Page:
It really is that simple.


Listening and Loneliness photos by LDW

Bacon vs. Tofu @ Archie McPhee

Empathy cartoon found @ Inspire My Kids 

LDW ponders

Follow Lorraine Devon Wilke on Twitter, Facebook, and Huffington Post. Her article archive can be found at Contentlyher photos at Fine Art Americadetails and links to her other work @ www.lorrainedevonwilke.com.

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Feb 18 2014

Don’t Hate Me, But I DIDN’T Love Season 2 Of House of Cards

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House of Cards
First, let’s be clear: I’m in love with what Netflix is doing with their original programming. “Orange Is the New Black” knocked my socks off, we’re just catching up with “Lilyhammer” (it’s a bona fide “hoot,” a word I rarely use seriously), and I loved Season 1 of “House of Cards.” Loved it. In fact, I watched it twice when my husband decided to jump in after I’d already seen the whole season. Just so we’re clear on my TV cred.

[SPOILER ALERT] – And to anyone who hasn’t already plowed through the entire second season, be aware that there will be spoilers below. They pertain.

Our story beings on Valentine’s Day. Like everyone else who’d been seduced by the wily Francis Underwood and his gorgeous Claire, I was so thrilled to dive into Season 2 that we made our Valentine’s Day night a proper celebration with sincere “I love you’s,” a plate of shrimp and, yep, the TV set on Netflix. No chocolate, but that’s another story.

Here was my inaugural Facebook post after watching the first episode:

“House of Cards, Season 2, first episode… holy moly!! (no spoilers but DAMN!).”

This was met with great shared enthusiasm from others.

And as we continued watching and watching and watching over the next week (I’m told the term “binge-watch” was coined after “House of Cards” first launched), something very bad happened: I wasn’t falling in love. I found myself getting more and more frustrated, and less and less engaged, with a plot trajectory that felt to be going off the rails. It had credibility issues the size of sinkholes; dismissed or lost interest in many – formerly important – plotlines without a blink, introduced a cavalcade of new characters oddly uniform in their shared moral dysfunctions (clearly an epidemic in the HOC crowd and, let’s face it, Molly Parker’s Jackie is just Frank in a skirt), and ratcheted up the evil-quotient of both Underwoods to the point that I was waiting for Frank to sprout a Dali mustache to twirl and Claire to start chasing Dalmatians. Dear God, if they got any more evil Al Pacino would have shown up as the Devil!

Let’s start with that first episode’s stunning plot twist and the head-shaking lack of credible action that followed: after Zoe Barnes is summarily dismissed and Lucas, another of the Season 1 folks, starts exhaustively investigating, how is it that police have CCTV video of the very moment Ms. Barnes meets her end and yet no footage of the moments leading up to it? The video was shot from an angle that clearly showed the walking area around the spot of impact, and yet THERE’S NO VIDEO OF HER STANDING THERE BEFOREHAND, furtively glancing around, finally seeing a chapeau’d Mr. Underwood peek out from behind the wall; Zoe walking toward that shadowed area from which, moments later, she will be shockingly flung to the tracks. NO VIDEO OF ANY OF THAT… but the police have the one bloody moment of her flying through the air because “she tripped” and they all appear to have no problem with any of that? We call that “a buy” in the script writing business; meaning, the audience is expected to just “buy” the plot despite huge gaps in logic. That was the first big-ass red flag as we moved deeper into cartoon land.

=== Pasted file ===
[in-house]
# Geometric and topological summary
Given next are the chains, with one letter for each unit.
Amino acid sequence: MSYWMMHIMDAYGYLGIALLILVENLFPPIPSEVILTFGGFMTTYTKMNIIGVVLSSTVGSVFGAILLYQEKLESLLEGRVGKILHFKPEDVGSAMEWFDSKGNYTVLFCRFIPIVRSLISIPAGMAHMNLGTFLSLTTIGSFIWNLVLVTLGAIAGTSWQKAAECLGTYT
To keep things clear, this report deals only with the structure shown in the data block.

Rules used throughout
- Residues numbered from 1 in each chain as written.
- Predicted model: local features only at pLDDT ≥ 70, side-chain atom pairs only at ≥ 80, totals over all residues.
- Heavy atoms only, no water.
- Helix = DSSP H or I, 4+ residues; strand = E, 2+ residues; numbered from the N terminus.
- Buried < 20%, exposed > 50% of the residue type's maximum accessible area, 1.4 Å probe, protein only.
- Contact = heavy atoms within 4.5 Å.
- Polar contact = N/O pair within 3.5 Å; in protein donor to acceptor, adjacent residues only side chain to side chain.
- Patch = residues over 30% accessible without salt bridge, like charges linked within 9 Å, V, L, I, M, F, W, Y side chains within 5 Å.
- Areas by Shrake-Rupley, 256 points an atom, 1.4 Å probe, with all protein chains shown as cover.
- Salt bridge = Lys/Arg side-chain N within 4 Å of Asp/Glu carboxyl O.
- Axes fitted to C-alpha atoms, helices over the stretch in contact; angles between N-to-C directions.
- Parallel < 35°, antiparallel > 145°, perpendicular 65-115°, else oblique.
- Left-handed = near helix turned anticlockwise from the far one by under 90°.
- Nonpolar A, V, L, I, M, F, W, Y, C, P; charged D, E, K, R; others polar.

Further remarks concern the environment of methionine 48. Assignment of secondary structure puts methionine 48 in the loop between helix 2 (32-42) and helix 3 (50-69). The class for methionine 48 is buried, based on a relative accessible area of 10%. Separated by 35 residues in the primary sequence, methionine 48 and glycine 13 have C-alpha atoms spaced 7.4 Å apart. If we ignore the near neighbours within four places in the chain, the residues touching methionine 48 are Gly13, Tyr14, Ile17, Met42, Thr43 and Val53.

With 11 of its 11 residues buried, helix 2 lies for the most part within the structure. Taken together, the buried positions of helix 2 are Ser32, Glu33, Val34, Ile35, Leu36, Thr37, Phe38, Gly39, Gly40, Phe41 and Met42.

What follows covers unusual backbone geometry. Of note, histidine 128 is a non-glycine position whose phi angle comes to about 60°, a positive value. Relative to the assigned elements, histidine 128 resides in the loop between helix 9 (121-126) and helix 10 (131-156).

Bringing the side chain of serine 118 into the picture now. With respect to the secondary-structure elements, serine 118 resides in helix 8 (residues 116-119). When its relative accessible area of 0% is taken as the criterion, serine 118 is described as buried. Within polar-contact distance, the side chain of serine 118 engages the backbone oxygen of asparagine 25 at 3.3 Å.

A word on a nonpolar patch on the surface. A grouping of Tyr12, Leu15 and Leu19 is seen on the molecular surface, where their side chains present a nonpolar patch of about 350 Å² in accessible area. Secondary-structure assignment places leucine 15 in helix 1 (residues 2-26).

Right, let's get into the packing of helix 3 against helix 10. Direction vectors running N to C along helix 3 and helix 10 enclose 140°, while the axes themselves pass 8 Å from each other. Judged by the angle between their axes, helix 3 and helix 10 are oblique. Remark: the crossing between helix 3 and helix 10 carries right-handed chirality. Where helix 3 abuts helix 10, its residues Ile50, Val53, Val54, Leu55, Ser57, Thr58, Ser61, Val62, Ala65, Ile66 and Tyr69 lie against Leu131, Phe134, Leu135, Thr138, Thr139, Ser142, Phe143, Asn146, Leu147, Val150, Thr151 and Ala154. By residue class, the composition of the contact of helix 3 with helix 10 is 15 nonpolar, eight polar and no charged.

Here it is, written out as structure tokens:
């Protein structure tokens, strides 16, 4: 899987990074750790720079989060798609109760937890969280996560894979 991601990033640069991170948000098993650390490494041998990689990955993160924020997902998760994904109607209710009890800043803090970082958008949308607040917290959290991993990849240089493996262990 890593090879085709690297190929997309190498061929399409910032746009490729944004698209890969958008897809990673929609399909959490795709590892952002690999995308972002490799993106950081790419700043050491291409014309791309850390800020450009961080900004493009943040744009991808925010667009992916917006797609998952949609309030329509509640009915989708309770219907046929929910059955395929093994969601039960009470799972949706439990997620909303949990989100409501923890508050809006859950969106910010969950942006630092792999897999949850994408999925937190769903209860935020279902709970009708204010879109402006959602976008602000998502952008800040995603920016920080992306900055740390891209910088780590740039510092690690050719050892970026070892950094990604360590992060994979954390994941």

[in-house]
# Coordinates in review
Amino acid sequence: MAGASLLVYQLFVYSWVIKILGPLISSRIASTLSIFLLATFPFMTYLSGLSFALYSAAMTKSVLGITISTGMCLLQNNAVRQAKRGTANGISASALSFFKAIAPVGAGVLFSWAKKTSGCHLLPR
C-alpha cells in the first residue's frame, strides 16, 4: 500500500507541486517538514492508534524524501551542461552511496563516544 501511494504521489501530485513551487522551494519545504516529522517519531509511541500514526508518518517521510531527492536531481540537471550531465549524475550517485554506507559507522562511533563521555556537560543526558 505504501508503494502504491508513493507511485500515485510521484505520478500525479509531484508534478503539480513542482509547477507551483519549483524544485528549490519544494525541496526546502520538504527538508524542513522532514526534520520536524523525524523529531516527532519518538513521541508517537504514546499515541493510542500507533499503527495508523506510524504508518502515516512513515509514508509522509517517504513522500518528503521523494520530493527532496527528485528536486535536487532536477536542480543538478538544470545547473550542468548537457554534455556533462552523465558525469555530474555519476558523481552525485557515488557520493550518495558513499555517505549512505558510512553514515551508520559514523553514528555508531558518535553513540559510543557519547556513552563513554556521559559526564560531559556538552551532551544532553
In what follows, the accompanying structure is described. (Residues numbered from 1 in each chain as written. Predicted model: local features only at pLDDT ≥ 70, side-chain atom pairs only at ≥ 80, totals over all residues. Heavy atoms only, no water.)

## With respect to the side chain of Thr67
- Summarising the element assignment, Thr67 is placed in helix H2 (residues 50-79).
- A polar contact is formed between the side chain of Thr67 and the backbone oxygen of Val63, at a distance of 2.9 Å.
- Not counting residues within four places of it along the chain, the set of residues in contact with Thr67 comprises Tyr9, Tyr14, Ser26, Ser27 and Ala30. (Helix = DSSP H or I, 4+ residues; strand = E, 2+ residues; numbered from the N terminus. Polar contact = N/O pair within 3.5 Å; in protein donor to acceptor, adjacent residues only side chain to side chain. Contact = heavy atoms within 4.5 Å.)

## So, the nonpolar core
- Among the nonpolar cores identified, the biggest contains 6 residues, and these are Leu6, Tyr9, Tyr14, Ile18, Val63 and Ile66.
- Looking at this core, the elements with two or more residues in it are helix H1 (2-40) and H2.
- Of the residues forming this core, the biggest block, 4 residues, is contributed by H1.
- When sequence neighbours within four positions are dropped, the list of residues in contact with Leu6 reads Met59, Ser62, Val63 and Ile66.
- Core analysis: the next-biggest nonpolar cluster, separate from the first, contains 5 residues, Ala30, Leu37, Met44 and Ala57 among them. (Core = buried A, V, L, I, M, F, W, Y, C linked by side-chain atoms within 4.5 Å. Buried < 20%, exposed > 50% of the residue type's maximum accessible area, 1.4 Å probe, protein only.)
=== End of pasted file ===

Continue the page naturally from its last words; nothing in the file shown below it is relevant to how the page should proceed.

Let’s discuss the shape and tone of the characters. Big problem this time around: there’s no one to root for. In Season 1 we had the hapless but likable Peter Russo, Constance Zimmer’s Janine who was cranky but someone we could relate to. Sadrine Holt’s Gillian was a noble foil for the calculating Claire; Zoe had a fierce sort of wackiness that was bracing, and Claire’s vulnerable and touching love affair with her sexy photographer friend felt real and authentic.

But that was back when they wrote Claire with a modicum of a soul.

This season? Apparently rootability was discarded along with logic. The BBQ Freddie storyline had its moments of pathos but felt oddly forced rather than an organic, rational plot pusher. Pregnant, beleaguered Gillian is written out in the first episode, Claire’s photographer is gutted like a wildebeest, and what was the point with Peter Russo’s ex, Christine, working for the President and garnering Claire’s inexplicable hate? Our “former call girl” Rachel is so passive as to be catatonic (at least until the end… too late? And she was used for some obligatory lesbian sex…); poor, droopy Lucas, after frantically beating the drum of suspicion around Zoe’s death, is dropped like a hot potato to languish in prison; the President and First Lady are written as saps and pawns, and even Meechum, our seemingly incorruptible Secret Service guy, ends up in a three – oh, dear God, that was not a scenario I wanted to imagine!! – and… well, who else is there?!